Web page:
A New Jersey Republican running for the third district House seat publicly contradicted his views on citizens’ Second Amendment rights while on the campaign trail.
Tom MacArthur, a wealthy insurance executive who raised taxes as the mayor of Randolph Township, debated National Rifle Association board member Scott Bach about which gun restrictions — if any — the NRA president would support back during a March 2013 GOP event held at the La Strada restaurant in Randolph, New Jersey. A video of the debate taken by local Republicans was removed from YouTube shortly before MacArthur announced his candidacy.
Daniel Haggerty, vice president in charge of programming for the Randolph Republican Club, scheduled Bach to give a presentation at the event and was present while MacArthur argued with Bach. He’s also spoken to MacArthur at numerous other GOP events.
“I believe he’s opposed to pure Second Amendment rights, based on comments he made during Republican meetings,” Haggerty told The Daily Caller.
Billy Baer, who co-hosted a conservative talk radio show with Haggerty, also attended the meeting and spoke with MacArthur about citizens’ gun rights.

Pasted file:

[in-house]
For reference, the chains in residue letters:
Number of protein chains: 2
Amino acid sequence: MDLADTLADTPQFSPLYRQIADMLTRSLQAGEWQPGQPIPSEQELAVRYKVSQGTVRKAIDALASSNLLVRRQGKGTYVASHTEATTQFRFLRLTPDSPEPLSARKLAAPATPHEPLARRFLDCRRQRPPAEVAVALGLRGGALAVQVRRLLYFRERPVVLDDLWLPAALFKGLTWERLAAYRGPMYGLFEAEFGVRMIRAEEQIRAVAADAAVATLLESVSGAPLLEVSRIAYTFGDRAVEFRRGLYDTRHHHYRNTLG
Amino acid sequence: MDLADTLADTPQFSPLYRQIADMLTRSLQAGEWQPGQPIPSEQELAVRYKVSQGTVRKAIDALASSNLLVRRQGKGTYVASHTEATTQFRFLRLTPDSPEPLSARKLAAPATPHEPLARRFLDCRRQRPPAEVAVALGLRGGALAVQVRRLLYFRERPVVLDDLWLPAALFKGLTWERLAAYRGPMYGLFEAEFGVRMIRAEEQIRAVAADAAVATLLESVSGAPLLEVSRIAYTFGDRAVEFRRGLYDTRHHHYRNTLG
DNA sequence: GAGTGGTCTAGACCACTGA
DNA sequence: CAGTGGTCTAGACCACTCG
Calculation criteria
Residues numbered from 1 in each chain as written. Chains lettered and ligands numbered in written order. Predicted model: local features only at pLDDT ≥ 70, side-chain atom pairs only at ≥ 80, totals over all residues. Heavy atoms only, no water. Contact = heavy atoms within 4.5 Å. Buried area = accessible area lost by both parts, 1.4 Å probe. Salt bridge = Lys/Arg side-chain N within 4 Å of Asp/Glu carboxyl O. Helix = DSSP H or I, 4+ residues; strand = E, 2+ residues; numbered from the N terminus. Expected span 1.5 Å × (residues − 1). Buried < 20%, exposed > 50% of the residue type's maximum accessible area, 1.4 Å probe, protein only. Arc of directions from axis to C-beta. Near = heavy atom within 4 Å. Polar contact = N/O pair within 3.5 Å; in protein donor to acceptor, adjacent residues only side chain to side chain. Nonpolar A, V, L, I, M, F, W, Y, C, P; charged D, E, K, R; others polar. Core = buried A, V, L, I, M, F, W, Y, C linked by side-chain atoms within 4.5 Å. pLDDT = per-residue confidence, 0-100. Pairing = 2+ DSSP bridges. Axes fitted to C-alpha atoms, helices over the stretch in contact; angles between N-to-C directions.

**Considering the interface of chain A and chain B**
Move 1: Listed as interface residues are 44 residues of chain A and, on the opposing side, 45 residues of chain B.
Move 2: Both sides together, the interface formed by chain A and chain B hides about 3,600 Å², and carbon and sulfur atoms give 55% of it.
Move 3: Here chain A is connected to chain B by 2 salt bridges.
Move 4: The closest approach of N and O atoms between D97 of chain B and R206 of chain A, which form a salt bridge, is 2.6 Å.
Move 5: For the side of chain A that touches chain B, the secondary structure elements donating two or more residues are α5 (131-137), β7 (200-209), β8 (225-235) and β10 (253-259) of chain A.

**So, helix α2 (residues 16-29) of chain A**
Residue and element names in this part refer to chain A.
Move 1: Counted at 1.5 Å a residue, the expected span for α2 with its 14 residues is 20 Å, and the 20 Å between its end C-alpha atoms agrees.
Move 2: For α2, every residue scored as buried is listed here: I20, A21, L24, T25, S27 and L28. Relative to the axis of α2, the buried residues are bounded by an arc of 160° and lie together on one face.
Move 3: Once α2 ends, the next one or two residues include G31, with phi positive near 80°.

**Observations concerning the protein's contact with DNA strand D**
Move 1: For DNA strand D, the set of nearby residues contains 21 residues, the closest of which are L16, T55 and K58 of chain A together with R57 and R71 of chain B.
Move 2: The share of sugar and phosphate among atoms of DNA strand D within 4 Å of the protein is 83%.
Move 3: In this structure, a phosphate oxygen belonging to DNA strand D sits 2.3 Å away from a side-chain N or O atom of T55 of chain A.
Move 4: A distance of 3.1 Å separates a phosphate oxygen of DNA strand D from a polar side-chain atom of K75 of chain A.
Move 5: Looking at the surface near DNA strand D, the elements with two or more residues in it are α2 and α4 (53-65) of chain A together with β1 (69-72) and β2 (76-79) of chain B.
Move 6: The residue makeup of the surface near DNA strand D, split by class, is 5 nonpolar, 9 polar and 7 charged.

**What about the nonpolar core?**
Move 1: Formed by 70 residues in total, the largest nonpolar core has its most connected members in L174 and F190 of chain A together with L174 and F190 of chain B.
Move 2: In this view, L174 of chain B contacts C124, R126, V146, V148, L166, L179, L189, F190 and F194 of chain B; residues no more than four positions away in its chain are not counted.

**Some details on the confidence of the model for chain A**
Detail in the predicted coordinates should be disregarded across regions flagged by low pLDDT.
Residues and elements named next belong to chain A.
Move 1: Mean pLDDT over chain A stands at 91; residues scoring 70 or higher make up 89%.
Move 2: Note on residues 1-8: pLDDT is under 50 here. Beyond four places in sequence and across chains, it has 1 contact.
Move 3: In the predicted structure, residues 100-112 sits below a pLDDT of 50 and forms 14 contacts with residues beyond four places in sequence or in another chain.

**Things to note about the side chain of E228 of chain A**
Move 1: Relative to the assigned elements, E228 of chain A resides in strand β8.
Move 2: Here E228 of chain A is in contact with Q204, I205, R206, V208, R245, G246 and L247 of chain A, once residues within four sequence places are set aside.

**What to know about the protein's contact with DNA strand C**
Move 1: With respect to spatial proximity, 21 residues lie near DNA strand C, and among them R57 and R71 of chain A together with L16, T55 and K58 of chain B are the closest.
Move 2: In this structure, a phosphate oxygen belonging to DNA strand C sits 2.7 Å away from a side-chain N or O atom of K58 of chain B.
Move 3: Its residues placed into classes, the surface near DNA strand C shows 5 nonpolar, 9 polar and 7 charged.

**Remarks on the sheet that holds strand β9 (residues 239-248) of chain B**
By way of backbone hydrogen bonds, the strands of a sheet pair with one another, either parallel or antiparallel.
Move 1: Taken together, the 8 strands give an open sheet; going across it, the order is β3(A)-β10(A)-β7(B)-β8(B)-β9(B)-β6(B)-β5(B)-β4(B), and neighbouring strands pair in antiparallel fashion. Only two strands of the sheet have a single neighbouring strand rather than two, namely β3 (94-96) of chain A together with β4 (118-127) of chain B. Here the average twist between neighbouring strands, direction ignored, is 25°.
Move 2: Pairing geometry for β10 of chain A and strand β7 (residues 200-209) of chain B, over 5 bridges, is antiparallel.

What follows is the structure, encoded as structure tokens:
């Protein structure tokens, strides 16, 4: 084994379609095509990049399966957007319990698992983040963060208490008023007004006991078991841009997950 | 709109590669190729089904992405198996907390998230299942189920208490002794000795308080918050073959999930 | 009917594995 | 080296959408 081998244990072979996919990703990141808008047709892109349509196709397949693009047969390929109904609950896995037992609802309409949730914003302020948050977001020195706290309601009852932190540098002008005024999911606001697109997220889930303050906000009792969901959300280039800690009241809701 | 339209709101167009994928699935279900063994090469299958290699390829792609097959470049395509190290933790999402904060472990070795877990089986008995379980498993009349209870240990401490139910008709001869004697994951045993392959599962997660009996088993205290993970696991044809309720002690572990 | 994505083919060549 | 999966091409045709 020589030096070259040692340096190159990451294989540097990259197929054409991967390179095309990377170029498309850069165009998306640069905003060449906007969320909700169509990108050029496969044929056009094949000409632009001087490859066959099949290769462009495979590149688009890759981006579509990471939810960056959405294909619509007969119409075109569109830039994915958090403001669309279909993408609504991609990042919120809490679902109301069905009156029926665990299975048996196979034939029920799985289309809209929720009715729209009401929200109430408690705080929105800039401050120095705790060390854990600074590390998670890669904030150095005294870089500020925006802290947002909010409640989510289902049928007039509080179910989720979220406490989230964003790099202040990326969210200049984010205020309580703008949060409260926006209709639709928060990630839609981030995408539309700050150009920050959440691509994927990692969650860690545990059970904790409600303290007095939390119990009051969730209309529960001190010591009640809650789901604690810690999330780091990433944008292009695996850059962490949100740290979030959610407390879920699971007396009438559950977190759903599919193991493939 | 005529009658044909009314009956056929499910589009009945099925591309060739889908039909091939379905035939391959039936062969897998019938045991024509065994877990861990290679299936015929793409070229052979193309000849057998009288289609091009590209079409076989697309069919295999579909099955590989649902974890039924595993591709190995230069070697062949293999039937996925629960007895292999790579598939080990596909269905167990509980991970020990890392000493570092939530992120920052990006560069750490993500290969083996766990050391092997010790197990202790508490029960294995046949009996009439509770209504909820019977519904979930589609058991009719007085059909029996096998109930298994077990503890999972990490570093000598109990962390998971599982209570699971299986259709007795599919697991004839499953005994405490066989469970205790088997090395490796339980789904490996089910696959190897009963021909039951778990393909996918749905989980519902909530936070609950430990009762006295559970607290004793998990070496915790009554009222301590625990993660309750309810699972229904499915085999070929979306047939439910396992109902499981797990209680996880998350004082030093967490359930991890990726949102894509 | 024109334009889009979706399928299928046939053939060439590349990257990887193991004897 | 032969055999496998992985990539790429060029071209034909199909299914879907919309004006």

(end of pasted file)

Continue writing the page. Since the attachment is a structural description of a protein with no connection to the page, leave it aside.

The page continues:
“He seemed to be more mainstream that I would be on the issue,” Baer said, recalling their conversation to TheDC. “His position was more moderate. It wasn’t much different than the Obama administration’s. He’s a little to the left of the mainstream Republicans.”
A participant who declined to be identified said MacArthur even mentioned that he was considering joining Mayor Mike Bloomberg’s Mayors Against Illegal Guns, a pro-gun control advocacy organization backed by the former New York City mayor.
When MacArthur served on the Randolph Township Council, he supported restrictions on not only firearms, but on crossbows and compound bows as well. Minutes from an August 4, 2011 council meeting show MacArthur, citing safety concerns, asking if bow use could be further restricted by the state during deer season.
MacArthur’s consultant, Chris Russell, said MacArthur strongly supports Second Amendment rights, but didn’t elaborate further.
MacArthur is running against the former mayor of Botoga and conservative activist Steve Lonegan, a tea party-favored candidate, for the seat left vacant by New Jersey Republican Rep. Jon Runyan.
Russell repeatedly declined TheDC’s requests for comment. Bach also declined to comment on the conversations he held with MacArthur.